A NATO of the Mind Limits Putin's Sphere of Influence
The future of the North Atlantic Treaty Organization may be in question thanks to U.S. President Donald Trump's dismissal of it as "obsolete," but NATO is still useful in at least one sense. Attitudes toward it form the most obvious border between the so-called "Russian World" -- a construct used by Russia to describe its desired sphere of influence -- and that part of the post-Communist world that no longer looks to Moscow for guidance and may never do so again.
A quarter of a century after the Soviet breakup, Russia is laying claim to superpower status again, using many of the same methods perfected during the Cold War. In some ways, it's too late to the party. Its old empire -- both the czarist version and the two-speed Eastern Europe built by the Communists, in which some nations were absorbed into the Soviet Union and others supported as its closest Comecon satellites -- has decomposed too much to be revived. President Vladimir Putin's Russia needed a new idea for restoring Russian power, and it appeared to find one in the "Russian World" idea espoused by the Russian Orthodox Church.
The concept is broad and nebulous. It includes interest in the Russian language and culture, but also adherence to conservative religious values and a cultural confrontation with the supposedly godless and dissolute West. In 2007, Putin set up a foundation to create Russian cultural centers overseas, similar to the U.K.'s British Council or China's Confucius Institute. The foundation, called Russky Mir, now has more than a hundred branches globally.
"The Russian world is an independent civilization that is capable of promoting certain ideals," legislator Vyacheslav Nikonov, grandson of Joseph Stalin's foreign minister Vyacheslav Molotov, wrote in a collection of articles published by the foundation. "The Russian world shouldn't be about memories of the past, but about dreams of the future."
There is a flip side to this vision: The apprehension of countries once ensnared in Russia's orbit and now wary of being dragged back in. As the Estonian intelligence service wrote in its recently released 2016 annual report:
Despite Vladimir Putin's declaration that the collapse of the Soviet Union was the biggest geopolitical catastrophe of the 20th century, the Kremlin's goal is not restoration of the Soviet Union. Using modern political, economic and military instruments for restoring its sphere of influence is considered a much loftier purpose.
The "Russian World," after all, is not only about soft power. It includes what is often termed "hybrid war": If a nation tries to leave its realm, Russia will fight to stop it through propaganda targeted at Russian speakers. It will also use force, as it has shown in Ukraine.
NATO, with its untested but powerful mutual security guarantee, is the only shield protecting potential "Russian World" countries from a forcible reinduction into Moscow's sphere of influence. At least for now, it limits Russian influence to soft power. So, attitudes toward the military bloc are a good gauge of a country's attractiveness to Putin's Russian World project. If NATO is popular in a nation, the Kremlin will still pull all the strings available to it, perhaps even spread some cash or attempt to influence an election -- but it won't work as hard as it will in a nation where a negative attitude toward NATO gives it a bigger opening.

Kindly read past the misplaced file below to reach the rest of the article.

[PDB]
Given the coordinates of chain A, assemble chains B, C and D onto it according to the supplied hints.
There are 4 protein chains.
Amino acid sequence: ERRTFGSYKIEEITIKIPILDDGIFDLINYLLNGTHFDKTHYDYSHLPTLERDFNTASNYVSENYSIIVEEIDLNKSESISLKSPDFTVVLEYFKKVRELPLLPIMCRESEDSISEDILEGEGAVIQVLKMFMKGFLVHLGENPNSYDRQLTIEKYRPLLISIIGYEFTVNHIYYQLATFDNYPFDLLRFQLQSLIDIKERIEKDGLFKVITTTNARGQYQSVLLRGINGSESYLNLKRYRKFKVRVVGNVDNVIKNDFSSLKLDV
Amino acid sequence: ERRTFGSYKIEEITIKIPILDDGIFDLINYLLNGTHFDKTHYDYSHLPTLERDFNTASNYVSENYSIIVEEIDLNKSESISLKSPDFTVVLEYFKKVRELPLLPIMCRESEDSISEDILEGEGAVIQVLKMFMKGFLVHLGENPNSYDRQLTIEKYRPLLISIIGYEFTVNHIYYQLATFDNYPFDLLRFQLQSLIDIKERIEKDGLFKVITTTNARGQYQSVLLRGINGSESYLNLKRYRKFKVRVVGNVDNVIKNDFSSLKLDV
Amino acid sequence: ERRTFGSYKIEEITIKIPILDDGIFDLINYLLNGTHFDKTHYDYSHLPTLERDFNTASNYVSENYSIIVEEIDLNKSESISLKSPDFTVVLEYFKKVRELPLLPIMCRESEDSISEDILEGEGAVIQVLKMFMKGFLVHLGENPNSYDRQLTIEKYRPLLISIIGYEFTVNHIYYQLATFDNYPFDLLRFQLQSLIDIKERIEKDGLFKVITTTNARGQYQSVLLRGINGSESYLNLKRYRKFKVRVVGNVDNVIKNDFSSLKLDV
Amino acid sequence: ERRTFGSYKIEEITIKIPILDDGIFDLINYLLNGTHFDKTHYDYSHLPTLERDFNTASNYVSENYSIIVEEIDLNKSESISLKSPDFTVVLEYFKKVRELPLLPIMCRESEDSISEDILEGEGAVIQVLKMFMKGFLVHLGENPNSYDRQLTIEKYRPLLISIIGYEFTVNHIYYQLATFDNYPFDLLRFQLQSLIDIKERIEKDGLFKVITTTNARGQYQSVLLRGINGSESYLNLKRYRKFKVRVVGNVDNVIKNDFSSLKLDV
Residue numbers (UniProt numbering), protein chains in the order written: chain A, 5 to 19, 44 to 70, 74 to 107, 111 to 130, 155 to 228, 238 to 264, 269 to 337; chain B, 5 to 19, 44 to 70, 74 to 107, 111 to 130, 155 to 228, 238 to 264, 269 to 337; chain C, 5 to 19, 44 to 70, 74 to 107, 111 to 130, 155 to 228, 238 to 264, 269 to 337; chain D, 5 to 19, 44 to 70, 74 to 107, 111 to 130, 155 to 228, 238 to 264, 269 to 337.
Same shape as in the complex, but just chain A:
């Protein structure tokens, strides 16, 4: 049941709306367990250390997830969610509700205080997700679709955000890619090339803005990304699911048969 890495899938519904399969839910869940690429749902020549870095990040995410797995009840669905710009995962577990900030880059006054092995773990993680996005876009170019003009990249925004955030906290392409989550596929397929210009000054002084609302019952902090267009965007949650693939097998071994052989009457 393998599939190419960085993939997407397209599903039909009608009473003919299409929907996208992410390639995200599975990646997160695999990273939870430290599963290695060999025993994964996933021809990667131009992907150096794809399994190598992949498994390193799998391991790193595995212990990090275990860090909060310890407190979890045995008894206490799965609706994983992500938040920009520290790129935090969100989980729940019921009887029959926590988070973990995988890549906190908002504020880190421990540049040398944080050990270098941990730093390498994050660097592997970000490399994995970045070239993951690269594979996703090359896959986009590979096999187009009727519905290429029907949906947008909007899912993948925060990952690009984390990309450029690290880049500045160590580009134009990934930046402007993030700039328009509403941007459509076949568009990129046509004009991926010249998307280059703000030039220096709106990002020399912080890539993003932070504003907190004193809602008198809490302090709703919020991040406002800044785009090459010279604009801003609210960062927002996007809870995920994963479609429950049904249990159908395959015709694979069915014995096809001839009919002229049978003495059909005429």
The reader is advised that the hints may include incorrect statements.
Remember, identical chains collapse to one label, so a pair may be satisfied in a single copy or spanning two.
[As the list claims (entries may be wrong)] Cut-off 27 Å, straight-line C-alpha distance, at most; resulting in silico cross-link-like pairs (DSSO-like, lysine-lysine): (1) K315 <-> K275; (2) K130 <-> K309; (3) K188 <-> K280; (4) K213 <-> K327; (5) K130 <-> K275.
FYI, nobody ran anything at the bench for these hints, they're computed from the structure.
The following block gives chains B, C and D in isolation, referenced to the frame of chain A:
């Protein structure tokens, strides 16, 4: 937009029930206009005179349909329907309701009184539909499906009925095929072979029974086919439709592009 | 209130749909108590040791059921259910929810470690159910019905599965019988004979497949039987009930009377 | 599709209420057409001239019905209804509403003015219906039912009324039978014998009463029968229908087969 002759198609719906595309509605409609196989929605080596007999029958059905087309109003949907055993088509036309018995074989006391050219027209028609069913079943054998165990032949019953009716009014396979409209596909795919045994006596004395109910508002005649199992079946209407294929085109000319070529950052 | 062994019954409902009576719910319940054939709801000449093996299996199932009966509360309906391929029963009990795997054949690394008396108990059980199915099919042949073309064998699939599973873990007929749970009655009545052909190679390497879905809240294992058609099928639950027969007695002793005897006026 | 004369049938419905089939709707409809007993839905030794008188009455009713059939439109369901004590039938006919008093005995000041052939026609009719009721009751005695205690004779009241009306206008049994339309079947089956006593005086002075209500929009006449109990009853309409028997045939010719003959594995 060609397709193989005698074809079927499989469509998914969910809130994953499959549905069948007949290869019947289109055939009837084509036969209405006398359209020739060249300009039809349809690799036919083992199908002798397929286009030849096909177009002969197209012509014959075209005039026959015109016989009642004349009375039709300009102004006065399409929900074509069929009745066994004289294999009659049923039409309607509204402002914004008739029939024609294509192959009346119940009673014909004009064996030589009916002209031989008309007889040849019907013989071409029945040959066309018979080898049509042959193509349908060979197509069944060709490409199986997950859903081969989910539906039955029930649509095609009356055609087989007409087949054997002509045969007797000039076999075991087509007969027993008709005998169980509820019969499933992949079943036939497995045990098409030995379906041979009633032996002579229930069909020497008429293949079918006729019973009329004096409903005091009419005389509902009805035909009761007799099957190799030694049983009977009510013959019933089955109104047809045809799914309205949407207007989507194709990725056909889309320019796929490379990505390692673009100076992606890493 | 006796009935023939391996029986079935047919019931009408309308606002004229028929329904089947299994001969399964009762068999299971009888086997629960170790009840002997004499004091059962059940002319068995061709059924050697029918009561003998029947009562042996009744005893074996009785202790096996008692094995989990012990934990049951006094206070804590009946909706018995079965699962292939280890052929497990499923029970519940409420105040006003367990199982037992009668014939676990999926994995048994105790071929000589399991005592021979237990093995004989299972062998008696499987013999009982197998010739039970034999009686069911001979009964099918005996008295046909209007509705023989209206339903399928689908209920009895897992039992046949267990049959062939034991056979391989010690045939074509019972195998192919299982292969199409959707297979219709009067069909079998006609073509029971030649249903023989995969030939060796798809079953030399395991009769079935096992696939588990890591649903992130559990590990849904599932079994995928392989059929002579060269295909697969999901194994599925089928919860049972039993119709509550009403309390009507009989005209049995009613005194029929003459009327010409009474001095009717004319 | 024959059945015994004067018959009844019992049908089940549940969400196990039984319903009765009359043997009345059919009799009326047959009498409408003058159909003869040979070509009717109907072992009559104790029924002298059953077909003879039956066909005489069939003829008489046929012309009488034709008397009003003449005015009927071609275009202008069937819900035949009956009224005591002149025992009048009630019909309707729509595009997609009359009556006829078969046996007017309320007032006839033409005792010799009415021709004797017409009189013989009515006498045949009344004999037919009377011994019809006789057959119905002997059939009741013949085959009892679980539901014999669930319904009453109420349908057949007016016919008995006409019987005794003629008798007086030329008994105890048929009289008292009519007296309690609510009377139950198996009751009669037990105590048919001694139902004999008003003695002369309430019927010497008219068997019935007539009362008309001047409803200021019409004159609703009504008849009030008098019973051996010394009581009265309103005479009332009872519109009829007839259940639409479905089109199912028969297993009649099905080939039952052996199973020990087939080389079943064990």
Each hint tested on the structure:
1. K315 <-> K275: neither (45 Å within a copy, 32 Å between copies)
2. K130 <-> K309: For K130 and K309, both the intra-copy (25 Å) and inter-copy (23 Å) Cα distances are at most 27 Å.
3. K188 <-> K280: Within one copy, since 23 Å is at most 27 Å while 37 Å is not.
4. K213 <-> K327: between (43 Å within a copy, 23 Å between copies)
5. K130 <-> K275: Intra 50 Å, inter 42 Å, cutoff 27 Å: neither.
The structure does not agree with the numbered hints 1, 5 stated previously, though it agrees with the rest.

Gallup has released the results of a survey on NATO, taken in Eastern European countries in 2016. Viewed from a "Russian World eligibility" point of view, it provides some predictable results and some surprising ones.
Ukraine, despite three years of war waged on its territory by Russian-backed separatist rebels and, at decisive moments, by Russian troops, still has an anti-NATO plurality. It's easy to see why Putin is unwilling to desist in Ukraine: He still hopes to win the big prize.
The Baltic states, especially Estonia and Lithuania, are not as interesting to the Kremlin. They have pro-NATO majorities; a Russian hybrid invasion would be too costly and pointless for Russia to maintain. Even in Latvia, with its large Russian minority, almost half of the population is pro-NATO, which disqualifies the small nation as a potential part of the "Russian World" for anything but cultural purposes.
It's far more productive for the Kremlin to concentrate on the more anti-NATO post-Soviet states, such as Armenia and Moldova, and on Balkan nations such as Serbia and Montenegro. No wonder Russian activity in these countries has recently been on the increase. Even NATO members Bulgaria and Greece, where significant minorities see the bloc as a threat rather than a protection, are promising arenas for Russian influence-wielding -- whereas post-Soviet Georgia, where the anti-NATO minority is tiny, is probably a lost cause.
It's possible, then, that in trying to reconstruct Putin's strategy, experts are mistaken when they concentrate on post-Soviet nations in the moribund Commonwealth of Independent States as potential targets. The Estonian intelligence report, for example, states that "Russia’s ambition is to strengthen its influence in the CIS area and ensure Russian-controlled integration therein via the Eurasian Union." That's probably obsolete thinking. Russia will seek to play a role everywhere people are not mentally "anti-Russian" enough to believe in NATO as a protective shield, and that includes, at least in the near term, the Balkans rather than the Baltics.
This column does not necessarily reflect the opinion of the editorial board or Bloomberg LP and its owners.
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